FILE – Oregon lettuce farm

A lettuce farm in Oregon's Willamette Valley 

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(The Center Square) – Within the week, Oregon will have new labor rules about working outdoors in extreme heat, Gov. Kate Brown has ordered.

Brown's office announced the temporary rules are intended to expand employers' obligation to provide shade, rest time and water to workers during extreme heat events. They will follow the death of a migrant worker from Guatemala in the Willamette Valley from extreme heat in St. Paul and hundreds of heat-related deaths across the Pacific Northwest. 

Brown issued the order on Tuesday directing the Oregon Occupational Safety and Health Agency (OSHA) to write and enact the emergency rules within the week.

"No one should have to decide between their health and a paycheck," Brown said in a statement. "All Oregonians should be able to go to work knowing that conditions will be safe and that they will return home to their families at the end of the day."

Oregon OSHA will continue working on permanent rules regarding worker safety from heat and extreme weather, which are expected to be adopted later this fall. Under an executive order of Brown's in 2020, Oregon OSHA had been working to adopt permanent rules related to heat. Its deadline to submit those rules to the governor was rescheduled from July to September due to the pandemic.

On Wednesday, the governor further ordered state agencies to curb nonessential water use and enact water conservation measures. The order temporarily places a moratorium on public landscaping projects like window washing and lawn care. State employees are also encouraged to cut back on their water usage in public buildings.

Nineteen out of 36 Oregon counties are under declared drought emergencies as half the state experiences severe to extreme drought, according to the U.S. Drought Monitor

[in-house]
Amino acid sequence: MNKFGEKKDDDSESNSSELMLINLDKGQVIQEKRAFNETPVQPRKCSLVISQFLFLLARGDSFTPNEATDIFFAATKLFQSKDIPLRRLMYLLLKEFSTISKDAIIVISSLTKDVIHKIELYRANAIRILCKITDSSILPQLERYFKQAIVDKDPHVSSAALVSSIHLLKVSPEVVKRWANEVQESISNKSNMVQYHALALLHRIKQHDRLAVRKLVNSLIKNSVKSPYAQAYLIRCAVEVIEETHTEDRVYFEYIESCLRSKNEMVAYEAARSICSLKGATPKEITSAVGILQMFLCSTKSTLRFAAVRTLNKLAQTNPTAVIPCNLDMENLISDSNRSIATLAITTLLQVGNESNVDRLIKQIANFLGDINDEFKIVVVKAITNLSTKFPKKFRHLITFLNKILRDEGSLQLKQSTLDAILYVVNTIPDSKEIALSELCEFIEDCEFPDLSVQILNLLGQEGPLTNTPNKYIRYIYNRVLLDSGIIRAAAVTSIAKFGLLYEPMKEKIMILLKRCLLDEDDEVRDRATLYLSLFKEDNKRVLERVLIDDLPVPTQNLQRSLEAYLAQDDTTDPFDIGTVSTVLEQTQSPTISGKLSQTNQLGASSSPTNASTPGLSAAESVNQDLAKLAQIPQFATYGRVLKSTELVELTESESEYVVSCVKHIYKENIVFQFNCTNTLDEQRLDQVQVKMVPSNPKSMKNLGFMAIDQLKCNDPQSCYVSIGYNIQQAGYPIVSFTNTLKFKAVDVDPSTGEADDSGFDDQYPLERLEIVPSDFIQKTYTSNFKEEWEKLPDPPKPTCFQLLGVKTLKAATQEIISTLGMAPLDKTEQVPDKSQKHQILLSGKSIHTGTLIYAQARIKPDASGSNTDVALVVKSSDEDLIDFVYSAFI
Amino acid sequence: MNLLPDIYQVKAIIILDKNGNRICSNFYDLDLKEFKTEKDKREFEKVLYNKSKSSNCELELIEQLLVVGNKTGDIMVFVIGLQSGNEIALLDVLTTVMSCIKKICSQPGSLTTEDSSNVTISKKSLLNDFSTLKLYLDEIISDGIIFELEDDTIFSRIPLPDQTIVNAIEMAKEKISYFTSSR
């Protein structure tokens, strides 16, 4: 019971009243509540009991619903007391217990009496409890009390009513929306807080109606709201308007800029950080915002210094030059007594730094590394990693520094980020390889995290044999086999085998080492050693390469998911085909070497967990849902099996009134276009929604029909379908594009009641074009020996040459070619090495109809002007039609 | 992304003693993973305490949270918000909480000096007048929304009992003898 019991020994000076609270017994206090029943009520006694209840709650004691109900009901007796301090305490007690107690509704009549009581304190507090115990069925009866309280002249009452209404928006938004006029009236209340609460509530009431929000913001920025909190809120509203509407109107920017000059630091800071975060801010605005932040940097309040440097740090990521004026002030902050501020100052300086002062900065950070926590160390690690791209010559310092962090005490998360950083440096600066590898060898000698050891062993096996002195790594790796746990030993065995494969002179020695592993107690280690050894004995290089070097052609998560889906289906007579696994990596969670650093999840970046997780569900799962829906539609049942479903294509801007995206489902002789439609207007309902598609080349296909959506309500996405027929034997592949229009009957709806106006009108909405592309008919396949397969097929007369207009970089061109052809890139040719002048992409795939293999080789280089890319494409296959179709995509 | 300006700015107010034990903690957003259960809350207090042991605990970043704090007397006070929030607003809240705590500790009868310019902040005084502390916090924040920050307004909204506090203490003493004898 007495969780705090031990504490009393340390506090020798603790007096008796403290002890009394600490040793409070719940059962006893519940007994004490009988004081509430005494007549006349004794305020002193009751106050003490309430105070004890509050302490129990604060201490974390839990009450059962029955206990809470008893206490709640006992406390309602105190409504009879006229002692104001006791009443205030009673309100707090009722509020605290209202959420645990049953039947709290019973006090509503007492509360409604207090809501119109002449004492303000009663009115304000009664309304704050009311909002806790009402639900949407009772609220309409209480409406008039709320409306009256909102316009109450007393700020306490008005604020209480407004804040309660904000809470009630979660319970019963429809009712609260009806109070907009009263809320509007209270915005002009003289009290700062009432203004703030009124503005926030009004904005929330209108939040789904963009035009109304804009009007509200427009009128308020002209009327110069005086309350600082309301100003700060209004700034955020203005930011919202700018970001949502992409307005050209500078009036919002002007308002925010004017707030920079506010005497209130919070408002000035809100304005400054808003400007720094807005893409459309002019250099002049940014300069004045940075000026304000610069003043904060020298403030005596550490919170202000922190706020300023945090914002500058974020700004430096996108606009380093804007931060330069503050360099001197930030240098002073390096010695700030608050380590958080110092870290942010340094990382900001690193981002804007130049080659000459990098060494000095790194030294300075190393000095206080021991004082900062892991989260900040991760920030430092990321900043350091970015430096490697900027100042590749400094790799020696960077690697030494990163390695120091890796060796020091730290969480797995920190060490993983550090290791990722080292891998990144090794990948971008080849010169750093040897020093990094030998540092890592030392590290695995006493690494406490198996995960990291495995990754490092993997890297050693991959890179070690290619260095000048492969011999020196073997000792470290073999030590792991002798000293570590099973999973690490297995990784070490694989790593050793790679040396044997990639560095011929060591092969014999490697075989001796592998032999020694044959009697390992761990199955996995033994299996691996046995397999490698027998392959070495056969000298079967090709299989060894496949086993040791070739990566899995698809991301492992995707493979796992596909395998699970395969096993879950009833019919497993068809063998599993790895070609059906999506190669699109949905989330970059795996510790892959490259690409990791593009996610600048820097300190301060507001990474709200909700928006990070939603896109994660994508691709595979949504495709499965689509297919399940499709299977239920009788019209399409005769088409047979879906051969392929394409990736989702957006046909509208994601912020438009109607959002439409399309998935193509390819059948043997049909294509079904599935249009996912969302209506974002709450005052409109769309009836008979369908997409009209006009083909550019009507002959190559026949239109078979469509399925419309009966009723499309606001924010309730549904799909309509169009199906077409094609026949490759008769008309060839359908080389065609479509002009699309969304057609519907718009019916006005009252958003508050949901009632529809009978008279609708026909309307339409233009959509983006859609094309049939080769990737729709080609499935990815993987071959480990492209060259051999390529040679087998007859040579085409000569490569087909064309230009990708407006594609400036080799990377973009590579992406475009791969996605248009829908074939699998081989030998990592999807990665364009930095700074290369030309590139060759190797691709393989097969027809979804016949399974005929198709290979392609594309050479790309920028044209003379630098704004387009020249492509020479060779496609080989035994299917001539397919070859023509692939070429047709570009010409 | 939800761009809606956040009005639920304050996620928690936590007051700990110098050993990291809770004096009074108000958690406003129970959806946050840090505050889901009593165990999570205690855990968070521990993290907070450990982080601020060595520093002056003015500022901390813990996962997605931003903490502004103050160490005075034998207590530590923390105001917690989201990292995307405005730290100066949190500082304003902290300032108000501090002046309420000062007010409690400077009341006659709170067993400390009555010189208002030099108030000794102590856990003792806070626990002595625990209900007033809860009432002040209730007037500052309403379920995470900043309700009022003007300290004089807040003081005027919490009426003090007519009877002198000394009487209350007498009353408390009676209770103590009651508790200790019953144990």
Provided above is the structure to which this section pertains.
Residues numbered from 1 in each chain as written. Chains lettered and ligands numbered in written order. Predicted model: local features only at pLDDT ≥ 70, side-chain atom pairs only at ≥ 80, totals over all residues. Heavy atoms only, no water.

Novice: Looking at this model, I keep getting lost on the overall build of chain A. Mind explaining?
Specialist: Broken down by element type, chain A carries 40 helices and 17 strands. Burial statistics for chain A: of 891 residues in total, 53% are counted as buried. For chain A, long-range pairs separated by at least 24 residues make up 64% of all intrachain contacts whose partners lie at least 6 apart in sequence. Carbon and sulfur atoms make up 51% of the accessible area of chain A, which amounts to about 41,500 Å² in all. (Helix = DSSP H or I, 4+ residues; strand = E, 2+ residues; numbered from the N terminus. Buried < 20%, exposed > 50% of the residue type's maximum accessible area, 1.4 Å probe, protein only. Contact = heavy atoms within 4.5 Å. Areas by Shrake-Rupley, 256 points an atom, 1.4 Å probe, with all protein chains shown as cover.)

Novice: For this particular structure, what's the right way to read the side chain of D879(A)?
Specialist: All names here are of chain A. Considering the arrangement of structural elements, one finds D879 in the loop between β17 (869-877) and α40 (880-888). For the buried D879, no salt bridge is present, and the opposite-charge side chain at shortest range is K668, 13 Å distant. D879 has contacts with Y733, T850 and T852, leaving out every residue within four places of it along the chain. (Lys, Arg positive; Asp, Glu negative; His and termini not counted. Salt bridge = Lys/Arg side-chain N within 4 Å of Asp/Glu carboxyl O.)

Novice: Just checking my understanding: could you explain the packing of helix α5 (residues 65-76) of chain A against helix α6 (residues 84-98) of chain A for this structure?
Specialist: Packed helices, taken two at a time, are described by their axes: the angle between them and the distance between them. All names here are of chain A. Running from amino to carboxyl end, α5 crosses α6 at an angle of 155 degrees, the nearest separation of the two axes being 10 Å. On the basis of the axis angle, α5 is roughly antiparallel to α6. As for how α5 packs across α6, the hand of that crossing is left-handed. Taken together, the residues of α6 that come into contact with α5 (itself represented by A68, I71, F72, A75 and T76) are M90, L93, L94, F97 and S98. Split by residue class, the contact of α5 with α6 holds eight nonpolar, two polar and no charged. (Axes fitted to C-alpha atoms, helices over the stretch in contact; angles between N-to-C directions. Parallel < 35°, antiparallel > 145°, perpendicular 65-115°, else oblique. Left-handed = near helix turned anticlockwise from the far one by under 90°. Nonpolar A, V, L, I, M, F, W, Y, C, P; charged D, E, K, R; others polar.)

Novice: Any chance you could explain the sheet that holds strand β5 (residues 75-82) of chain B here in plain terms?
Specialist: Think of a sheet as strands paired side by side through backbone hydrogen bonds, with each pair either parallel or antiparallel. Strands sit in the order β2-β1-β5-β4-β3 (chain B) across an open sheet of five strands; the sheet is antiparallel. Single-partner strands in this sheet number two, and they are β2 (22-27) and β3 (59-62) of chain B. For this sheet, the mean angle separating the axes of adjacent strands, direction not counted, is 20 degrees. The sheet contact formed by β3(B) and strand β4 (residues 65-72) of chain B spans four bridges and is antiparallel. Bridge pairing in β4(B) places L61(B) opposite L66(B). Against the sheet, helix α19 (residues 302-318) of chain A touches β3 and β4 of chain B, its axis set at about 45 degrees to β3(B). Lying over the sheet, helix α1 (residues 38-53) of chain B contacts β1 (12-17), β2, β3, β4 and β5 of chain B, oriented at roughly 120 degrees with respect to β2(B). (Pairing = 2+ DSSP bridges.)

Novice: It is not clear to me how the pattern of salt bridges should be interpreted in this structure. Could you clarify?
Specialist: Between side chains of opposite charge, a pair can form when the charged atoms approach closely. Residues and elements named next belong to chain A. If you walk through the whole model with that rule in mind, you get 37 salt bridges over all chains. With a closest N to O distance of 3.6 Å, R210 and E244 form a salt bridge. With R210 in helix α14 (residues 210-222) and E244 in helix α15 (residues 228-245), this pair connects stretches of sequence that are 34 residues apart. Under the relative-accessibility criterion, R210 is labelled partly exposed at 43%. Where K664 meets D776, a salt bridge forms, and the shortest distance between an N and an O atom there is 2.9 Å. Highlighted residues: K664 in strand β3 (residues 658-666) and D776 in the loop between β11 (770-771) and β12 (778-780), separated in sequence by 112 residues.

The news comes as the death toll from heat-related illness rose to 107 on Tuesday, according to the state medical examiner's office. That brings the death toll in Multnomah County to 67 people, Marion's to 13 people and Clackamas to 11 people. All other counties reported fewer than ten deaths.

Temperatures in the Willamette Valley are forecast at 90 degrees Fahrenheit for the rest of the week. East of the Cascades, forecasts reached triple-digits in Malheur and Baker Counties. In Jackson and Klamath Counties to the south, weather in the mid-90s is in the forecast.

Under the Oregon Health Plan, Medicaid members with underlying conditions are eligible to receive free air conditioners. Medicaid members can contact their Coordinated Care Organization to see if they qualify for this assistance.

Wildfires in Oregon continue to spur executive actions from the governor. Brown invoked the Emergency Conflagration Act for a fourth time on Wednesday in response to the Bootleg Fire in Klamath County that began on Tuesday. The 3,000-acre fire north of Sprague River has spurred Level 1 "Get Ready" and Level 2 "Get Set" evacuations.

Brown last invoked the act on Tuesday in response to the Jack Fire that broke out in Douglas County on Monday evening. The 900-acre fire is burning outside the town of Dry Creek and has forced the closure of Highway 138. The Douglas County Sheriff's Office issued level 3 "Go Now" evacuation orders on Tuesday. 

The state fire marshal took control of the Jack Fire operation on Tuesday night and sent personnel, a communications unit and a supply trailer loaded with tools and COVID-19 personal protection equipment. Vaccinations are not required for Oregon firefighters as a condition of employment.

Brown first invoked the Emergency Conflagration Act this year in response to the Wrentham Market Fire in Wasco County, which has been contained. A 987-acre Sunset Valley Fire near The Dalles in Western Oregon also saw Brown invoke the act. It is now 85% contained.

Residents can find updates on the Jack Fire via the Oregon State Fire Marshal's Facebook page and the Douglas County Sheriff's Office.

This article originally ran on thecentersquare.com.

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